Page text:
One source of contention is Section 10 of the bill. Democrats like Sen. Jack Reed (D-RI) have pushed for revising or eliminating the provisions, arguing that they would broadly undermine banking regulations. But Republicans view that as a “non-starter.”

Daines has also previously cautioned against attempting to expand the measure with social justice reforms that progressives would like to add, though his office has told Marijuana Moment that the senator is “open” to adding expungements language, as proposed by Schumer.

Meanwhile, the American Trade Association for Cannabis and Hemp (ATACH)—along with trade groups representing marijuana businesses in 16 states plus Washington, D.C.—sent a letter to Brown and Banking Committee Ranking Member Tim Scott (R-SC) last month, imploring them to pass the cannabis banking bill “without further delay.”

Schumer also recently spoke with a cannabis industry leader who approached him at an unrelated event this summer. According to that person, the Senate leader was feeling “confident” about the prospects of passing the cannabis banking bill.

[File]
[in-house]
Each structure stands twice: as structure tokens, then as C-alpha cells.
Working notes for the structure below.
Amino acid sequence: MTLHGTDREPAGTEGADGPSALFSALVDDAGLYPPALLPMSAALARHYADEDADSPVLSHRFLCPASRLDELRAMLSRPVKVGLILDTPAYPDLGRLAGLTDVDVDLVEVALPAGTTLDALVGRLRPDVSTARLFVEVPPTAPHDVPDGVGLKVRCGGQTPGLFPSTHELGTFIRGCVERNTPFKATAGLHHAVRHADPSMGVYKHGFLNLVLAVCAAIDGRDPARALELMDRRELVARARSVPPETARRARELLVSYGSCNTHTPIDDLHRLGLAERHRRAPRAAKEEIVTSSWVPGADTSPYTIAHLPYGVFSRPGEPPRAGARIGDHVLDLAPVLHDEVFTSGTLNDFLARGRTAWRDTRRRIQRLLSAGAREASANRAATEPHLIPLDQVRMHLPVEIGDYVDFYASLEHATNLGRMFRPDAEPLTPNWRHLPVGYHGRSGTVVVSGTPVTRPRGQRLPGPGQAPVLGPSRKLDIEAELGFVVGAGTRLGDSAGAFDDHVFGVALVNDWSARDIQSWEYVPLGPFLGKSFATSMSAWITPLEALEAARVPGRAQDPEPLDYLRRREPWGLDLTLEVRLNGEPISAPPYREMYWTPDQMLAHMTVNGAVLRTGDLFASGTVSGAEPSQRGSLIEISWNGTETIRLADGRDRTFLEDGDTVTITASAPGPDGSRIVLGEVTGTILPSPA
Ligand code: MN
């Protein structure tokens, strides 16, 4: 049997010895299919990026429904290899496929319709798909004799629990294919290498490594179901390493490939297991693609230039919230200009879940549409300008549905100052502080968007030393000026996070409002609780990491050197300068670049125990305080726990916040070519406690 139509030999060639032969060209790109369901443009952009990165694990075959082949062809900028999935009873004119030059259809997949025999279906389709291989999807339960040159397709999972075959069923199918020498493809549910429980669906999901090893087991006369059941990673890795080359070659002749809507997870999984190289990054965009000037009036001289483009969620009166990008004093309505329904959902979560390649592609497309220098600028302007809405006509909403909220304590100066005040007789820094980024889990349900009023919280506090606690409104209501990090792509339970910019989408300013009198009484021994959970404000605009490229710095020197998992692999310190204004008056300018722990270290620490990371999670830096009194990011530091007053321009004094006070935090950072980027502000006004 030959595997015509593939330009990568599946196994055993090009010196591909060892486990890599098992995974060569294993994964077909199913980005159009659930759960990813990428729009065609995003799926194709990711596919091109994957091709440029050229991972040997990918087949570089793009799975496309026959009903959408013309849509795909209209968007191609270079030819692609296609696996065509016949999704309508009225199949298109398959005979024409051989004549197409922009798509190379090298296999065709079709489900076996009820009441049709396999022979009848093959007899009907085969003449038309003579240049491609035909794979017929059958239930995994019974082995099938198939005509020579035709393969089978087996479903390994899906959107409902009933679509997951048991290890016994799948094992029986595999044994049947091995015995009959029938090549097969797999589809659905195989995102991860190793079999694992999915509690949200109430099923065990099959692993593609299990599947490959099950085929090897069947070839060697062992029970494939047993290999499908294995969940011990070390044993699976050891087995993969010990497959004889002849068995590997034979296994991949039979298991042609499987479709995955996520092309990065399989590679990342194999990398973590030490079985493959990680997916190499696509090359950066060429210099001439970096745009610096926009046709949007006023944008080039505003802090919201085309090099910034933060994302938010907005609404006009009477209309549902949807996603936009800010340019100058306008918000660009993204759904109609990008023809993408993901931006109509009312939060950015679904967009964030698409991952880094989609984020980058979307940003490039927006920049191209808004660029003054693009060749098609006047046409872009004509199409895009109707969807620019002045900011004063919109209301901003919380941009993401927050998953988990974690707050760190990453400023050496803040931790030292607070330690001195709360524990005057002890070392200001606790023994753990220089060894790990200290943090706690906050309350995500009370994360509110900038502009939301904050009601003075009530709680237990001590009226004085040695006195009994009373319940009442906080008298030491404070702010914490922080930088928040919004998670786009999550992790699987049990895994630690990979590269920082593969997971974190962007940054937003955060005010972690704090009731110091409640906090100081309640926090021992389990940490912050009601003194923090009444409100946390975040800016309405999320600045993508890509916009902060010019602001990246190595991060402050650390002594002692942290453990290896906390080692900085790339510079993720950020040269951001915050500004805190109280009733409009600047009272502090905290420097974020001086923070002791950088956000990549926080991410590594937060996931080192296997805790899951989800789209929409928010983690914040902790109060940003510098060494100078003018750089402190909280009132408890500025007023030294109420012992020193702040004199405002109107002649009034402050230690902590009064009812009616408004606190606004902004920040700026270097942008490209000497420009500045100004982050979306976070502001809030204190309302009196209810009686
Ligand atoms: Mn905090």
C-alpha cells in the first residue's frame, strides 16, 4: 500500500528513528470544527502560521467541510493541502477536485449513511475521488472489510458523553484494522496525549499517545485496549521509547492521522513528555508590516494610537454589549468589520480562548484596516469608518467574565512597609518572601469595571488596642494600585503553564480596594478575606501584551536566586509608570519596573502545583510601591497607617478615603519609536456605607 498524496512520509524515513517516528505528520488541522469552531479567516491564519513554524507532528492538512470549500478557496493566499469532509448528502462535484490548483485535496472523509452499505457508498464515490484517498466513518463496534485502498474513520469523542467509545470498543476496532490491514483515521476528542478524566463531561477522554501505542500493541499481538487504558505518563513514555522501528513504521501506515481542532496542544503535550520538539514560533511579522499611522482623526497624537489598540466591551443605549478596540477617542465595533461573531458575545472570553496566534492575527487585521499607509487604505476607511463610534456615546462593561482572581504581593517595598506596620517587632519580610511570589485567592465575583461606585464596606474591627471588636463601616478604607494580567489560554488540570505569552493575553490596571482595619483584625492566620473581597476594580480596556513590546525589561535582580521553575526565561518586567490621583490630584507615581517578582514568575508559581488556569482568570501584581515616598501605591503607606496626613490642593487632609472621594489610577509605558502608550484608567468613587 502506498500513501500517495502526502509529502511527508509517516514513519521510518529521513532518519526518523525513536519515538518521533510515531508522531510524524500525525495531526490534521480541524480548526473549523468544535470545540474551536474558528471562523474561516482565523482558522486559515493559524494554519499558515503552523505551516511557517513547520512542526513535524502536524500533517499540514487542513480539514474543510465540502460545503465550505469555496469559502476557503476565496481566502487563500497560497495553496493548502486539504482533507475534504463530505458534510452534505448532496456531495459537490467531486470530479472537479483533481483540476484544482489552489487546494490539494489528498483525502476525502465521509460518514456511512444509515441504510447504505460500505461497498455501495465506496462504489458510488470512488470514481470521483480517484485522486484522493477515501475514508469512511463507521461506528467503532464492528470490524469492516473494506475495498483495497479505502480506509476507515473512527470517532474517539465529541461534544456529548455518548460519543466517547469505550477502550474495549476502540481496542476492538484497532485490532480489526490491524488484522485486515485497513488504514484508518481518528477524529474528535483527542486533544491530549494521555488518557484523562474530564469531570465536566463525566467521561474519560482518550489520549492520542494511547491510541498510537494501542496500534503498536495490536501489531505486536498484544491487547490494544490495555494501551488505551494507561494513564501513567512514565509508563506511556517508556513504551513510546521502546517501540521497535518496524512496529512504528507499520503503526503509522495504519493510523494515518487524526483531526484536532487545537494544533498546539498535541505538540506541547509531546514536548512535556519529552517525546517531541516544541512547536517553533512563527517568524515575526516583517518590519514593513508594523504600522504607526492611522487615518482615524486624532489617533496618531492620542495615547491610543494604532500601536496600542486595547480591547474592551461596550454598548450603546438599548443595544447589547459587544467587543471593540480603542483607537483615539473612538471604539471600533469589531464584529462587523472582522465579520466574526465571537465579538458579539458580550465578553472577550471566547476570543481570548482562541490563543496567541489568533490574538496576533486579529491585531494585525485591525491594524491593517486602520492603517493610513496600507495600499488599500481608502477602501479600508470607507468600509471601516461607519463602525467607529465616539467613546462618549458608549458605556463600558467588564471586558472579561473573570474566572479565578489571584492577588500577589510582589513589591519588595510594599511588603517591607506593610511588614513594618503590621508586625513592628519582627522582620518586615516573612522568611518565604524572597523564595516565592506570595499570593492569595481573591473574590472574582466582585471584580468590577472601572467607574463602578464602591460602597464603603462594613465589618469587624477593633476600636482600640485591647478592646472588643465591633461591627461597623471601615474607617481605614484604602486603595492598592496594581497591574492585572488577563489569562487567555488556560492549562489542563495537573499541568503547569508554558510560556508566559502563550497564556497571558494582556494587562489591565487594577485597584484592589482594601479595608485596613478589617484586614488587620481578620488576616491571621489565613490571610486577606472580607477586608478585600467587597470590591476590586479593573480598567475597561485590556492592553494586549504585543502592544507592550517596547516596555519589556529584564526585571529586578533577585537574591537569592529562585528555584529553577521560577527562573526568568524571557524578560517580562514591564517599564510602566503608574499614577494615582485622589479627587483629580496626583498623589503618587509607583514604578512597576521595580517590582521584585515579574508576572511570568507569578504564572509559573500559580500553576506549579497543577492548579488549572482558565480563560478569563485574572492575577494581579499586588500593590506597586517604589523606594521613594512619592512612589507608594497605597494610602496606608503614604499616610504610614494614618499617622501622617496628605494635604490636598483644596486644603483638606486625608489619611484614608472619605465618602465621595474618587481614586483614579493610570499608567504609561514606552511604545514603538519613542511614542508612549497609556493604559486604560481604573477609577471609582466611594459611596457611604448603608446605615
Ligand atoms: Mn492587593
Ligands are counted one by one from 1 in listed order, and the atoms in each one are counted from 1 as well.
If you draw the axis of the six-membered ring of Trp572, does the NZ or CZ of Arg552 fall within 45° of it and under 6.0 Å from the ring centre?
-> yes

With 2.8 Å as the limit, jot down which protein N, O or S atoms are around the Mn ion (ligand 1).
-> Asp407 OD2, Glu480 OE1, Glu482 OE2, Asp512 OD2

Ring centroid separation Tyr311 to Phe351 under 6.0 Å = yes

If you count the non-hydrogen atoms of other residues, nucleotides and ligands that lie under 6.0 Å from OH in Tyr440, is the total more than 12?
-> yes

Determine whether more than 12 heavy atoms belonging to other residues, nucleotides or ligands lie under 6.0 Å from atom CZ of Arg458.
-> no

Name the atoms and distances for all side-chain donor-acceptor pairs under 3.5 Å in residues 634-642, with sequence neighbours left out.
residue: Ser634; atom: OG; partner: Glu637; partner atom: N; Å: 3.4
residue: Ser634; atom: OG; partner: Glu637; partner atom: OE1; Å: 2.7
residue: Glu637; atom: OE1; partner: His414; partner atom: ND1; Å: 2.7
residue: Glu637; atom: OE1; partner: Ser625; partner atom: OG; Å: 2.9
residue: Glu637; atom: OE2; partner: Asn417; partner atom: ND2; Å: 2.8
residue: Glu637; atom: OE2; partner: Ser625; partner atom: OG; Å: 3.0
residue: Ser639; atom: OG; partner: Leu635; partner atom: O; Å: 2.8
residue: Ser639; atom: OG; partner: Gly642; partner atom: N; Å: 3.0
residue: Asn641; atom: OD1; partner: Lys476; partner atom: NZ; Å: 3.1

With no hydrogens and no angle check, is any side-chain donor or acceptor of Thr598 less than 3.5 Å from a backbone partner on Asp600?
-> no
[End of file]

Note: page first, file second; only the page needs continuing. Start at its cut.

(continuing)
Sen. Tommy Tuberville (R-AL), for his part, has said that he’s a “yes” on the legislation. But he doubts Democratic leadership will follow through on their pledge to get the job done this year.

Some advocates and lawmakers have floated changes they’d like to see incorporated into bill, such as expanding protections to all forms of financial services, including representation on major U.S. stock exchanges.

That request has faced some criticism from other advocates who say that would be an inappropriate move to help businesses while efforts to legalize marijuana stall in Congress.

Sen. Jacky Rosen (D-NV) also recently said that she wanted the SAFE Banking Act to pass with an amendment allowing cannabis businesses to access federal Small Business Administration (SBA) services.

In April, Schumer said he was “disappointed” that a so-called SAFE Plus package of cannabis reform legislation didn’t advance last year, saying “we came close,” but “we ran into opposition in the last minute.” He said lawmakers will continue to “work in a bipartisan way” to get the job done.

The majority leader has been holding meetings with Democratic and Republican members in the early months of the new Congress to discuss cannabis reform proposals that might have bipartisan buy-in this year.

Sen. Cory Booker (D-NJ) has said lawmakers are working to “resurrect” the cannabis reform package, acknowledging that failure to advance a banking fix for the industry “literally means that hundreds of businesses go out of business.

Rep. Earl Blumenauer (D-OR), who is a lead sponsor of the House version of the SAFE Banking Act, said at a recent press briefing that thinks it’s important that advocates and lawmakers align on any incremental proposals to end the drug war, warning against an “all-or-nothing” mentality. (Full Story)